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The Washington Redskins are celebrating the U.S. Supreme Court’s June 19 decision striking down the Patent and Trademark Office’s ban on registering trademarks considered disparaging to racial or ethnic groups ( Matal v. Tam , Lee v. Tam, U.S., No. 15-1293, 6/19/17 ).The Supreme Court said an Asian-American rock band, the Slants, has a free speech right to register its name as a trademark even though it is a racial slur for Asians. Simon Tam, the founder of the Slants, said he chose the name to reclaim the term and take away its power.
The Redskins are fighting efforts by a group of American Indians, including lead plaintiff Amanda Blackhorse, to have its trademarks cancelled on the same grounds. The Supreme Court decision, which didn’t include any exceptions or limits, appears to be a clear-cut victory for the football team.
“The team is thrilled with today’s unanimous decision as it resolves the Redskins’ long-standing dispute with the government,” Lisa Blatt, an attorney for the team and a partner at Quinn Emanuel Urquhart & Sullivan, LLP, said in an emailed statement. “The Supreme Court vindicated the team’s position that the First Amendment blocks the government from denying or cancelling a trademark registration based on the government’s opinion.”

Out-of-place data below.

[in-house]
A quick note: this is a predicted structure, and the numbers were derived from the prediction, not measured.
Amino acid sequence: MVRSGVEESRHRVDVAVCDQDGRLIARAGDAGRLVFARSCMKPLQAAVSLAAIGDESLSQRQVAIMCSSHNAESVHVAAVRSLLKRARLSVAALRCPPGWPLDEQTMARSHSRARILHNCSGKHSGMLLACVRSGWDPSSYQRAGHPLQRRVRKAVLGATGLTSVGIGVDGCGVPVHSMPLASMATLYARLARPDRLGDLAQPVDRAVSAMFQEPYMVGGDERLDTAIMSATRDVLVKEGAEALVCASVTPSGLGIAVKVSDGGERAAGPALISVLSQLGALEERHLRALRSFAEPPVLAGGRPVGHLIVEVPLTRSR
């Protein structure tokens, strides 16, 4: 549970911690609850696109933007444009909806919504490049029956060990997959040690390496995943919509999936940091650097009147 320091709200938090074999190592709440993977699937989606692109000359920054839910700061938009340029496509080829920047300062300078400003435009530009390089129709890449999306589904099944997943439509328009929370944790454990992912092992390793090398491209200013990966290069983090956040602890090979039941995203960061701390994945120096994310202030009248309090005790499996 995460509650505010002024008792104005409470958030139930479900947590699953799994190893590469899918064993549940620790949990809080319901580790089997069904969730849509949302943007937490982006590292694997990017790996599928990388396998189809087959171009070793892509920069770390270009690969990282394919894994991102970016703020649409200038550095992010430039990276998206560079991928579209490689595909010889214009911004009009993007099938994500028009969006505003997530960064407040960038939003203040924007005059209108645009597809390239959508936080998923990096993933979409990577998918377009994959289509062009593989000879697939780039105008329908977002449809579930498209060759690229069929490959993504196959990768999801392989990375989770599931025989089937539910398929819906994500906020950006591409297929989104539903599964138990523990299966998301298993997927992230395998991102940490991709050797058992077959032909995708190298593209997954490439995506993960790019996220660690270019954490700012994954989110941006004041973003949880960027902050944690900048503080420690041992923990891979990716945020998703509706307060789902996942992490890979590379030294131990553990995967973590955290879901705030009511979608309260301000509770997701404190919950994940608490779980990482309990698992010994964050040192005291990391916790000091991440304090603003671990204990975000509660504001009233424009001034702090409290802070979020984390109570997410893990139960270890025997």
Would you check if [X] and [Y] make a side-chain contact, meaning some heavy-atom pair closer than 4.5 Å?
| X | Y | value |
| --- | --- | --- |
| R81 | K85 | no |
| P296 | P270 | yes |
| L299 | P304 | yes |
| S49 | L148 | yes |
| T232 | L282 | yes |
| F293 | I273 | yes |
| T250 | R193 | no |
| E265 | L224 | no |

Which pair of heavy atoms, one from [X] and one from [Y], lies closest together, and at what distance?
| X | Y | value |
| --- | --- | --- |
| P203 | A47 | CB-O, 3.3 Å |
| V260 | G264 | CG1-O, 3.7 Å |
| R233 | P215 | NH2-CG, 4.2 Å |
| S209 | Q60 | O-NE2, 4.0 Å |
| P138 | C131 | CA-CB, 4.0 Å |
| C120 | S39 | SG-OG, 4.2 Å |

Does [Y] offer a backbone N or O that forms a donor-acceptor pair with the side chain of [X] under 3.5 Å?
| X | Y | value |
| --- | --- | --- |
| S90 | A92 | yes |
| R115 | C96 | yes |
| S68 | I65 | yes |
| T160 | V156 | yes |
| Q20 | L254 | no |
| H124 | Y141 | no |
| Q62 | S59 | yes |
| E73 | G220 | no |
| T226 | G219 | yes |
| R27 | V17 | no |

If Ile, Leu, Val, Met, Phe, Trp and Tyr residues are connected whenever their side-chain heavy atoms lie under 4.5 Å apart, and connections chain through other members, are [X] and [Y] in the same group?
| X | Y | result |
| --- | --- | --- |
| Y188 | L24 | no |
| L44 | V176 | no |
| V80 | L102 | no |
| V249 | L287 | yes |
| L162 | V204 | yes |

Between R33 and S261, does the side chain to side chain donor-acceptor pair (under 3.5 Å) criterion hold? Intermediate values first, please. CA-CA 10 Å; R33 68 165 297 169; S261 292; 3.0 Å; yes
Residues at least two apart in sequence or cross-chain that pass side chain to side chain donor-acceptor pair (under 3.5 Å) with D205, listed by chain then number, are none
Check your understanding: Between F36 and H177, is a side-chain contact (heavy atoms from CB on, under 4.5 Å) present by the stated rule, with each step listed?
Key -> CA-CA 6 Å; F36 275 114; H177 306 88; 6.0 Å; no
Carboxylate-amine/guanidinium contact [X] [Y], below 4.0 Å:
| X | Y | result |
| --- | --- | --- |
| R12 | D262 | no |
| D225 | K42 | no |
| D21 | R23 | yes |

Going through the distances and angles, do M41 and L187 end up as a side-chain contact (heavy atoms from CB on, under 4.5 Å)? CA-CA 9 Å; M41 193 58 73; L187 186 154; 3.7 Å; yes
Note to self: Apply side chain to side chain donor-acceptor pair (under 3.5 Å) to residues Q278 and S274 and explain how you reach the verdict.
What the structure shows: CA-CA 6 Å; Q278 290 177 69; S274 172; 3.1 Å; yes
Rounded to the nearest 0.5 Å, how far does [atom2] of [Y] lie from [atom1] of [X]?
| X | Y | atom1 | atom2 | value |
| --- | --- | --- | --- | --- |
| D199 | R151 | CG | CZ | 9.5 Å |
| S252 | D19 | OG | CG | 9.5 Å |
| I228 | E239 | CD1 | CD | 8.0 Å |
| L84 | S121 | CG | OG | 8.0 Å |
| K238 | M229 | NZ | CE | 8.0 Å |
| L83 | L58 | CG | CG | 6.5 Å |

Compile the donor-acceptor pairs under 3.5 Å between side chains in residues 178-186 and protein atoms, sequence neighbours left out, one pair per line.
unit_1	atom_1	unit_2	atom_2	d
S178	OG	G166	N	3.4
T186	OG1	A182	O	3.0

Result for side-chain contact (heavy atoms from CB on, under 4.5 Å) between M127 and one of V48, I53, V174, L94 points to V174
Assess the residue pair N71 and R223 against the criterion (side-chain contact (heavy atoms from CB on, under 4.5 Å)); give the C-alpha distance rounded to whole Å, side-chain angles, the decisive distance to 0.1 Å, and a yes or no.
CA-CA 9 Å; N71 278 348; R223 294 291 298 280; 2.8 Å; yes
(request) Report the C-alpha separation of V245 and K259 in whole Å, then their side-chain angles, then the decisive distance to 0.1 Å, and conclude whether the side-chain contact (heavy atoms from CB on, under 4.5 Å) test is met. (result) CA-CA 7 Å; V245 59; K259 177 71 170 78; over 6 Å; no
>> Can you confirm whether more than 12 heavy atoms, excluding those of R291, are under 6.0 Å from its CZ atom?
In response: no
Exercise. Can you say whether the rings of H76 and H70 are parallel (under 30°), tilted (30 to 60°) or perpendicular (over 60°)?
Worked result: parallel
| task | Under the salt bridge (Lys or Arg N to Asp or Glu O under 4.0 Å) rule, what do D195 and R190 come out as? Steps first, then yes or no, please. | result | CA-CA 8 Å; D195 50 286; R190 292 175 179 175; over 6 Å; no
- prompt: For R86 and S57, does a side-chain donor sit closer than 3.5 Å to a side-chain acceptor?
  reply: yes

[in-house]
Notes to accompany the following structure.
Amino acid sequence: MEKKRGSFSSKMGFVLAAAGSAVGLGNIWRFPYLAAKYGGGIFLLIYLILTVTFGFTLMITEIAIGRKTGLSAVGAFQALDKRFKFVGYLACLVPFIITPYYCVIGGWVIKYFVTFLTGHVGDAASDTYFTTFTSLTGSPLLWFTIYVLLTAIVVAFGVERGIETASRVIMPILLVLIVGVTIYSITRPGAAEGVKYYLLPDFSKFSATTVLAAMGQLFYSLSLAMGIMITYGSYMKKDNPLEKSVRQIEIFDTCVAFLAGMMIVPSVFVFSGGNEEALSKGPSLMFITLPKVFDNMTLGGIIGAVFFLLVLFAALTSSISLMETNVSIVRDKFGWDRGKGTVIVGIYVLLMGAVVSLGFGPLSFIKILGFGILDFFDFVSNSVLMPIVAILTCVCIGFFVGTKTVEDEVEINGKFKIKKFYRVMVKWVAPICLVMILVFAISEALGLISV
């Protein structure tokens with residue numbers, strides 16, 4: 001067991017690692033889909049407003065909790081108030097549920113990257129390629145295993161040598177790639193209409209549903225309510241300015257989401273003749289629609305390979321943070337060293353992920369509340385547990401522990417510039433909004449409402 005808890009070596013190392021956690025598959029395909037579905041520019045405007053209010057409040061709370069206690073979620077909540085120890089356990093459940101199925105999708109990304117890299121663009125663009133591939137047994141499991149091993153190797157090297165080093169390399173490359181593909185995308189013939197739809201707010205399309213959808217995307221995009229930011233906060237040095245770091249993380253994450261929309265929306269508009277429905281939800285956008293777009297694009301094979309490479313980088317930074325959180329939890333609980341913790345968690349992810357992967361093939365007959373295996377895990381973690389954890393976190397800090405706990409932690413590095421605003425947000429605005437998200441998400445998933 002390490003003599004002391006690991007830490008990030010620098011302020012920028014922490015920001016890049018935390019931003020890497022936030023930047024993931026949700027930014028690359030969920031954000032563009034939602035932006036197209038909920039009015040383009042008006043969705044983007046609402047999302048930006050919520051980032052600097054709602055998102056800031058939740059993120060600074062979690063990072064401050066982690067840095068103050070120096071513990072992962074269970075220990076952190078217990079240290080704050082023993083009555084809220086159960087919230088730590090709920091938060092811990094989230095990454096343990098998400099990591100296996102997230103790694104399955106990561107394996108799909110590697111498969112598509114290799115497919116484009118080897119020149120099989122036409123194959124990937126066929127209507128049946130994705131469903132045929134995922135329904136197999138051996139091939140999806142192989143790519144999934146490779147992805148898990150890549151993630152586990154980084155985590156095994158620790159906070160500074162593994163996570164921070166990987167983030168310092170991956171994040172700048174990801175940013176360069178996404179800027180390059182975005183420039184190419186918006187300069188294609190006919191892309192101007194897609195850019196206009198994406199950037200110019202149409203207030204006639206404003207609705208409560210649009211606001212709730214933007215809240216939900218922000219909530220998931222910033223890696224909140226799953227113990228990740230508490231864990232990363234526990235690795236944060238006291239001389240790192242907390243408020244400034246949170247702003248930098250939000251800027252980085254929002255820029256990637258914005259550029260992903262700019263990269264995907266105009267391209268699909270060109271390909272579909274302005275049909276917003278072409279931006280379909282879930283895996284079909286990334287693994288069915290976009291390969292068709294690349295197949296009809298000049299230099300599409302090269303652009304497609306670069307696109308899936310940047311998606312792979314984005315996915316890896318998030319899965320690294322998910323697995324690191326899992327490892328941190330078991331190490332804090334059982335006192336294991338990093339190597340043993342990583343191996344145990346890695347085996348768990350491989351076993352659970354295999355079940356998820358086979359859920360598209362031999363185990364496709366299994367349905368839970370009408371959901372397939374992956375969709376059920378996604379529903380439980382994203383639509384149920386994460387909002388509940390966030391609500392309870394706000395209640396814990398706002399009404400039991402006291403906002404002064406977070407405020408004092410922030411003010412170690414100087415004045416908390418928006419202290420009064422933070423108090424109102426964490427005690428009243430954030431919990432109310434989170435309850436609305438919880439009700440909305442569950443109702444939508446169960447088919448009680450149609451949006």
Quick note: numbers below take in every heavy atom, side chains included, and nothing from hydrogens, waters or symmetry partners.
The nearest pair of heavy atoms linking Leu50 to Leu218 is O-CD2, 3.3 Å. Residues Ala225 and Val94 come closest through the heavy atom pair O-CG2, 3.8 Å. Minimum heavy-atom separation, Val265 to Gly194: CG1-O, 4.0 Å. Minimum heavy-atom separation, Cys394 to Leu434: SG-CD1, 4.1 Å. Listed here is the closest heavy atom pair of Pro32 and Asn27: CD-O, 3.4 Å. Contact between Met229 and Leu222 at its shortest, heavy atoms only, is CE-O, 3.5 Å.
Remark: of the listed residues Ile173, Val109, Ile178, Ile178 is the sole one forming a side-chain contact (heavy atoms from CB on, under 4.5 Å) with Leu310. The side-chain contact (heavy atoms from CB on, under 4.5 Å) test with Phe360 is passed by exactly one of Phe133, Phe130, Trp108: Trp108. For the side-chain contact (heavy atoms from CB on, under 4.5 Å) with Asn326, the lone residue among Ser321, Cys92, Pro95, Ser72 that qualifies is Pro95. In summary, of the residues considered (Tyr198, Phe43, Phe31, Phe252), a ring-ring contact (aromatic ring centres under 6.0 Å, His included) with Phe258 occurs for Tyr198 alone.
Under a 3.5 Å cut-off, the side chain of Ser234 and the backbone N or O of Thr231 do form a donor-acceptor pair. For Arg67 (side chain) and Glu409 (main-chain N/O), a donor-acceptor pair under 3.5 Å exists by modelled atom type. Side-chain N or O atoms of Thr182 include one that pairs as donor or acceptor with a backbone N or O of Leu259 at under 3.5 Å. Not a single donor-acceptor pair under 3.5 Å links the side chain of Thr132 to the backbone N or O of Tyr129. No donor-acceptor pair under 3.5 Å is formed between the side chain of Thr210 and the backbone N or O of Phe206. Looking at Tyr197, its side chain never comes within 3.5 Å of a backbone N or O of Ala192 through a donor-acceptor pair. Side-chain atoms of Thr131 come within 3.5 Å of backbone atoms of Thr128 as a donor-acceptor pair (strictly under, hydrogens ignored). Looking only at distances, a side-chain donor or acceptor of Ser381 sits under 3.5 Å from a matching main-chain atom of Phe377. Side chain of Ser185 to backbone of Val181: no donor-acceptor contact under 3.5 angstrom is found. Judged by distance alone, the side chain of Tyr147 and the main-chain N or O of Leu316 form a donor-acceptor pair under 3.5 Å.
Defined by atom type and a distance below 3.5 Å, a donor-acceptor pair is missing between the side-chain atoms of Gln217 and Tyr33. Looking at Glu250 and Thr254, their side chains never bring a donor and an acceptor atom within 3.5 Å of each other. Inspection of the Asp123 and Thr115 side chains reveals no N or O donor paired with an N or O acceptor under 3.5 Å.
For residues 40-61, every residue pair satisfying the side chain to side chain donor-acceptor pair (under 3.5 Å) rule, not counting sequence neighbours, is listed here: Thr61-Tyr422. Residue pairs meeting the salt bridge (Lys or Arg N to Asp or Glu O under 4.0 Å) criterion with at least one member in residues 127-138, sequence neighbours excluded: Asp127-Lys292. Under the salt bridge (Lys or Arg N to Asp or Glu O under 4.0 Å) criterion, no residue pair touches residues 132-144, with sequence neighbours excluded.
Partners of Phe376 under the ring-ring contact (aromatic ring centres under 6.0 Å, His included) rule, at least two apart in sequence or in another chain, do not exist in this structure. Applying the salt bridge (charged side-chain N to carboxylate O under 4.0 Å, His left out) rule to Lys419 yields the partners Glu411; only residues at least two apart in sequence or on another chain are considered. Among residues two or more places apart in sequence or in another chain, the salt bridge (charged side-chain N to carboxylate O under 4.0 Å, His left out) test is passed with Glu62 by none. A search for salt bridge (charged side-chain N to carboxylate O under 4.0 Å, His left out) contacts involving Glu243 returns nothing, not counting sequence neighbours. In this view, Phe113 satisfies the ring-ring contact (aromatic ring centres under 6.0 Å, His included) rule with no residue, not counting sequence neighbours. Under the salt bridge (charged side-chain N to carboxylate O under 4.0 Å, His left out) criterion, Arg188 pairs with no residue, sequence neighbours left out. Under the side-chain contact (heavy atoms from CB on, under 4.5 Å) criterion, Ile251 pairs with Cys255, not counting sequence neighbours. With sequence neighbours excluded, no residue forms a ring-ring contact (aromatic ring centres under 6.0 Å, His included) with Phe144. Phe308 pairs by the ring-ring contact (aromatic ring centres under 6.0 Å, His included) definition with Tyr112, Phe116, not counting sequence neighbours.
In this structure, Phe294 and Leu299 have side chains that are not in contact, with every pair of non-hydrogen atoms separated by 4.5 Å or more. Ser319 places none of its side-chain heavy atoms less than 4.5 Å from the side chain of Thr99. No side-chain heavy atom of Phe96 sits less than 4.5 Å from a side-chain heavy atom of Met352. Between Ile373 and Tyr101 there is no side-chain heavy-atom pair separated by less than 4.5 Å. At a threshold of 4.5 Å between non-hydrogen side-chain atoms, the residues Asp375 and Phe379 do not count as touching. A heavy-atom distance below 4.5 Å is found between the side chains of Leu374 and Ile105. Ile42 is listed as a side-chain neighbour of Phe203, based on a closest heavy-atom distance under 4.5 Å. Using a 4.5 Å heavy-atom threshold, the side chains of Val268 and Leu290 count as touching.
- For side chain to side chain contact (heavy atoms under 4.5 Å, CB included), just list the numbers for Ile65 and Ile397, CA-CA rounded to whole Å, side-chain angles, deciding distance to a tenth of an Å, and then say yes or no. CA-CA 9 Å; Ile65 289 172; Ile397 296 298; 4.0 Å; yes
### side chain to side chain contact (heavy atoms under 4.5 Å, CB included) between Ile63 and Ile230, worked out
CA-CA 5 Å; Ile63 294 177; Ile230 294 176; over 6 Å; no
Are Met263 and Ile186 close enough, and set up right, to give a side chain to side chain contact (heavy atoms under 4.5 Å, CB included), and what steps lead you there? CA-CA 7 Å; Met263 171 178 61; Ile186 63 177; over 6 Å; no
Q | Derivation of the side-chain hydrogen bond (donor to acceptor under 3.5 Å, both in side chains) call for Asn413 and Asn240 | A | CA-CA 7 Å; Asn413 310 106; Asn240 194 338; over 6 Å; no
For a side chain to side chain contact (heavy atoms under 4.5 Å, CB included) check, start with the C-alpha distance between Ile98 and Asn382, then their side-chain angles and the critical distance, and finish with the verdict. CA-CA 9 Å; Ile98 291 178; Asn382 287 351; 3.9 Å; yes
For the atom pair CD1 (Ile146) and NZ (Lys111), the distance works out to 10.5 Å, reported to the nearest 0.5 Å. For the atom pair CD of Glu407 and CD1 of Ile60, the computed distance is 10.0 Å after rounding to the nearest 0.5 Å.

The Redskins’ case is currently at the U.S. Court of Appeals for the Fourth Circuit, which has been waiting for the Supreme Court’s decision in the Tam case.
Blackhorse and five others petitioned the Trademark Trial and Appeal Board (TTAB) to cancel the trademark registrations of the Washington Redskins in 2014. The board, the PTO’s administrative body for hearing trademark disputes, agreed with the Blackhorse parties, ordering the registration be cancelled. The U.S. District Court for the Eastern District of Virginia also ruled in favor of the Blackhorse parties in 2015 on the same grounds, following the football team’s appeal.
Now that the Supreme Court has ruled in favor of the Slants, its ruling may encourage the U.S. Court of Appeals for the Fourth Circuit to resolve the Redskins trademark dispute sooner rather than later.
“I would expect the Redskins’ counsel to file sometime this week, if not today. Since this is a strong ruling from the Supreme Court, you can see them moving quickly to resolve this case,” Eric Ball, a trademark litigation partner at Fenwick & West, LLP, told Bloomberg BNA.
The group opposing the Redskins trademark registration said they were disappointed with Supreme Court’s decision. The group conceded the decision means the Washington Redskins’ trademark registration will not be cancelled. However, the group was encouraged that the high court’s opinion did not address the team’s name.
“Nothing in the opinion undermines the decisions of the TTAB or the District Court that the term ‘redskin’ disparages Native Americans,” the group said in a written statement.
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